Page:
With about six weeks to convey that Dublin City Schools needs voter approval of an operating levy and bond issue, district officials and members of the campaign committee are moving into high gear.

With about six weeks to convey that Dublin City Schools needs voter approval of an operating levy and bond issue, district officials and members of the campaign committee are moving into high gear.

It's more urgent to get out the message earlier this year because many voters are expected to cast absentee ballots beginning next week, Superintendent David Axner said.

Changes in Ohio law allow any registered voter in Ohio to cast an absentee ballot beginning Sept. 30.

Because of this, district officials and members of the Good Schools Committee are taking a two-pronged approach to the Issue 76 campaign: one targeted at absentee voters and the other to the general electorate, Axner said.

"Other superintendents have shared with me that they missed a window of time because when their first (campaign) literature went out some people had already voted (absentee)," Axner said. "Many of those people voted no and said if they had known what the issue was about they would have voted differently."

The district combined the two issues on the ballot because both are needed, he said.

The $50-million bond to fund capital costs can be structured without raising the current 7.2-mill rate. It includes money for the district's 13th elementary school to ease overcrowding in the northwest part of the district, additions to two middle schools and Coffman High School, safety improvements at all schools, technology, equipment replacement and maintenance.

The 7.9-mill permanent operating levy is expected to meet the district's financial needs through the 2012-13 school year.

If the levy is approved in November, collection won't begin until January 2010. It would cost the owner of a home valued at $200,000 for tax purposes $484 a year, according to the Franklin County auditor's office.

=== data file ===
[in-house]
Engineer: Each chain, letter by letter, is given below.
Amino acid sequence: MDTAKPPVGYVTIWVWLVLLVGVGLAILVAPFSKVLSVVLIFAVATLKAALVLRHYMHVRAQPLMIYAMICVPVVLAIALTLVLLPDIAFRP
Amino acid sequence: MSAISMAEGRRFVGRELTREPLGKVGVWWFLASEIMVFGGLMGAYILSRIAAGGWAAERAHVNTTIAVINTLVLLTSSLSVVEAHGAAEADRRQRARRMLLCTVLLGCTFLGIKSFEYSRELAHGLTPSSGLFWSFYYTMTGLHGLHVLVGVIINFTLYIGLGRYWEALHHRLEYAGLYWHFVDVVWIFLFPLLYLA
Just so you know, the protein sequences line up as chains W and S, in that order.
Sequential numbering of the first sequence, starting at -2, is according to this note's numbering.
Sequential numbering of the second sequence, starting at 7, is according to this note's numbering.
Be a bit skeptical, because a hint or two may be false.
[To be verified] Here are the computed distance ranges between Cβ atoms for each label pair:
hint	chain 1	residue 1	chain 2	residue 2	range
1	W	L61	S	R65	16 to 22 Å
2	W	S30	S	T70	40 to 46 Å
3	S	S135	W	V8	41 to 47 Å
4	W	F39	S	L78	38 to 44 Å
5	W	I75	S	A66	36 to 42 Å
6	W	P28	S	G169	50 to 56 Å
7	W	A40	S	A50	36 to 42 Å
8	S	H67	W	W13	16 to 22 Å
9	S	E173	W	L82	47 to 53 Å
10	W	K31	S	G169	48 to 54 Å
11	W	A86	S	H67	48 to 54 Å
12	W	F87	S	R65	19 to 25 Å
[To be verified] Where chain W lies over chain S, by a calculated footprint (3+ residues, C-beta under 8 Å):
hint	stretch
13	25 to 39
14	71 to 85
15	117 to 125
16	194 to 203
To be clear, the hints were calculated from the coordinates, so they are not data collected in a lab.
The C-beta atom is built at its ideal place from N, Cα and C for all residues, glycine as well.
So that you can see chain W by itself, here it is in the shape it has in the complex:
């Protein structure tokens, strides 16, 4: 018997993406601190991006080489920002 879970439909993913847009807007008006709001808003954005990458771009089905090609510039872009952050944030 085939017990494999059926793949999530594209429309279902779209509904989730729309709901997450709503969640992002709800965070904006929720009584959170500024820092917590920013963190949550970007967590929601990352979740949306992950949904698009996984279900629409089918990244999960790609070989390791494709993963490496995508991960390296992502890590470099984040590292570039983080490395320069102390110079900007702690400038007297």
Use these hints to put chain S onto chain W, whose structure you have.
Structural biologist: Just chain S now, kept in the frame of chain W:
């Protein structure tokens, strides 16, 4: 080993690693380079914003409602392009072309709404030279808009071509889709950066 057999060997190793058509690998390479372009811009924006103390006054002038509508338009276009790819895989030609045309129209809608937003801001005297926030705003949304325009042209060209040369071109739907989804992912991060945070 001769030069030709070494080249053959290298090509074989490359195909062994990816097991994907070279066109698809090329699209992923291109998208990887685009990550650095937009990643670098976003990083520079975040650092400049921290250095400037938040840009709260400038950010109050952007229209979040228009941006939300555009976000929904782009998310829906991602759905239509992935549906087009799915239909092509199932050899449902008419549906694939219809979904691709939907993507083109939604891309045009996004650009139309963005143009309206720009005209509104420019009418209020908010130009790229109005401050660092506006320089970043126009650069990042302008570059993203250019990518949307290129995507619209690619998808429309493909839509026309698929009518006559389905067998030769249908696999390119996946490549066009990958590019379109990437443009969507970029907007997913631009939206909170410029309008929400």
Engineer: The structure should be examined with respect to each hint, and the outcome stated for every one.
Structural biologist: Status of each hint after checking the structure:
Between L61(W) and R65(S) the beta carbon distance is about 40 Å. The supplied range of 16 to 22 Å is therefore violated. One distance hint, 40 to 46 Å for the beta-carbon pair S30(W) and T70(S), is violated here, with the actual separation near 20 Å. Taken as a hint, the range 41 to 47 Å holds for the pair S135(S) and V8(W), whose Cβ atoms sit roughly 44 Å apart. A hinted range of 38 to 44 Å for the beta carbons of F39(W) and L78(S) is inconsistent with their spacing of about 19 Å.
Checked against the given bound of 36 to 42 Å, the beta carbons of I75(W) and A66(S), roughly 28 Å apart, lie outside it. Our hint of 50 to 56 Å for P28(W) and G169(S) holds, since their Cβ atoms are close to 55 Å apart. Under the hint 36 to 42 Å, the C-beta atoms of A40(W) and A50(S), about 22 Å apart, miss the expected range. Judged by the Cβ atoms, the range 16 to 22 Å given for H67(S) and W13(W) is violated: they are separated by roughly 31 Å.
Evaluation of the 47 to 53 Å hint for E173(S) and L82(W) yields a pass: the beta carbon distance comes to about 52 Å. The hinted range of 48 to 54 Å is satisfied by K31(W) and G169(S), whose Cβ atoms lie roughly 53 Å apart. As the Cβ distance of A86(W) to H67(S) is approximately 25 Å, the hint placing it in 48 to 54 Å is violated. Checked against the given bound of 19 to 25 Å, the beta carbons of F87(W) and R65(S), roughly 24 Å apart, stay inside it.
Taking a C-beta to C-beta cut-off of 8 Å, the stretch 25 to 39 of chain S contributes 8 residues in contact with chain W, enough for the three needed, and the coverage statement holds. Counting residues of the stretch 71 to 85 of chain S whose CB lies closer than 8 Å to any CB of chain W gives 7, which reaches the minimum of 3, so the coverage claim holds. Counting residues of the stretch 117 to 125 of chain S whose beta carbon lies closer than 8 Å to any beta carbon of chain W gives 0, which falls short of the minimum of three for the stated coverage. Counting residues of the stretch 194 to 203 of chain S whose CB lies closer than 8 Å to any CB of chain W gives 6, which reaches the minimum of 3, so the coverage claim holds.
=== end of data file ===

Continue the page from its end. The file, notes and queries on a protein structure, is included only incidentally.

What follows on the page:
The first campaign mailing will go out within the next week to those who have applied for absentee ballots so they will have information about the combined issue before they vote, Axner said. Two more mailings will go out within the next month to all voters.

Campaign co-chair Mike Brothers said he realized early on that officials would need to be more aggressive earlier in the campaign because it is a presidential election year.

When people remember the long lines from the 2004 presidential election, he's sure absentee ballot requests will increase considerably.

The earlier campaign for the district's issue is "probably the most important thing we will do," Brothers said. "The alternative is the potential of missing several of our voters (with campaign literature)."

In addition to the mailed literature, the committee's Web site -- www.goodschoolscommittee.com -- contains all of the information, including answers to the most frequently asked questions, Brothers said.

For the past few weeks and up until the election, Axner said, district administrators and campaign leaders plan to meet with parents and community members at PTO meetings, neighborhood coffees and specially arranged informational sessions.

"Our goal is to answer all the questions (and) get as much information out so voters can make an informed choice when they go to the polls," Axner said.

While some of the informational meetings are planned for neighborhood or civic organizations, many are scheduled at schools and are open to the public. They will be conducted by Axner or other district administrators, and/or committee members. They are 7 p.m. Oct. 1, Coffman High School; 7:30 p.m. Oct. 2 Scottish Corners Elementary; 7 p.m. Oct. 6, Riverside Elementary and Karrer Middle School; 7 p.m. Oct. 7, Olde Sawmill Elementary and Wright Elementary; 7 p.m. Oct. 13, Thomas Elementary; 7 p.m. Oct. 14, Wyandot Elementary; 7 p.m. Oct. 20, Indian Run Elementary and Sells Middle School at Sells; 9:30 a.m. Oct. 22, Bailey Elementary; and 7 p.m. Oct. 27, Scioto High School and Davis Middle School at Scioto.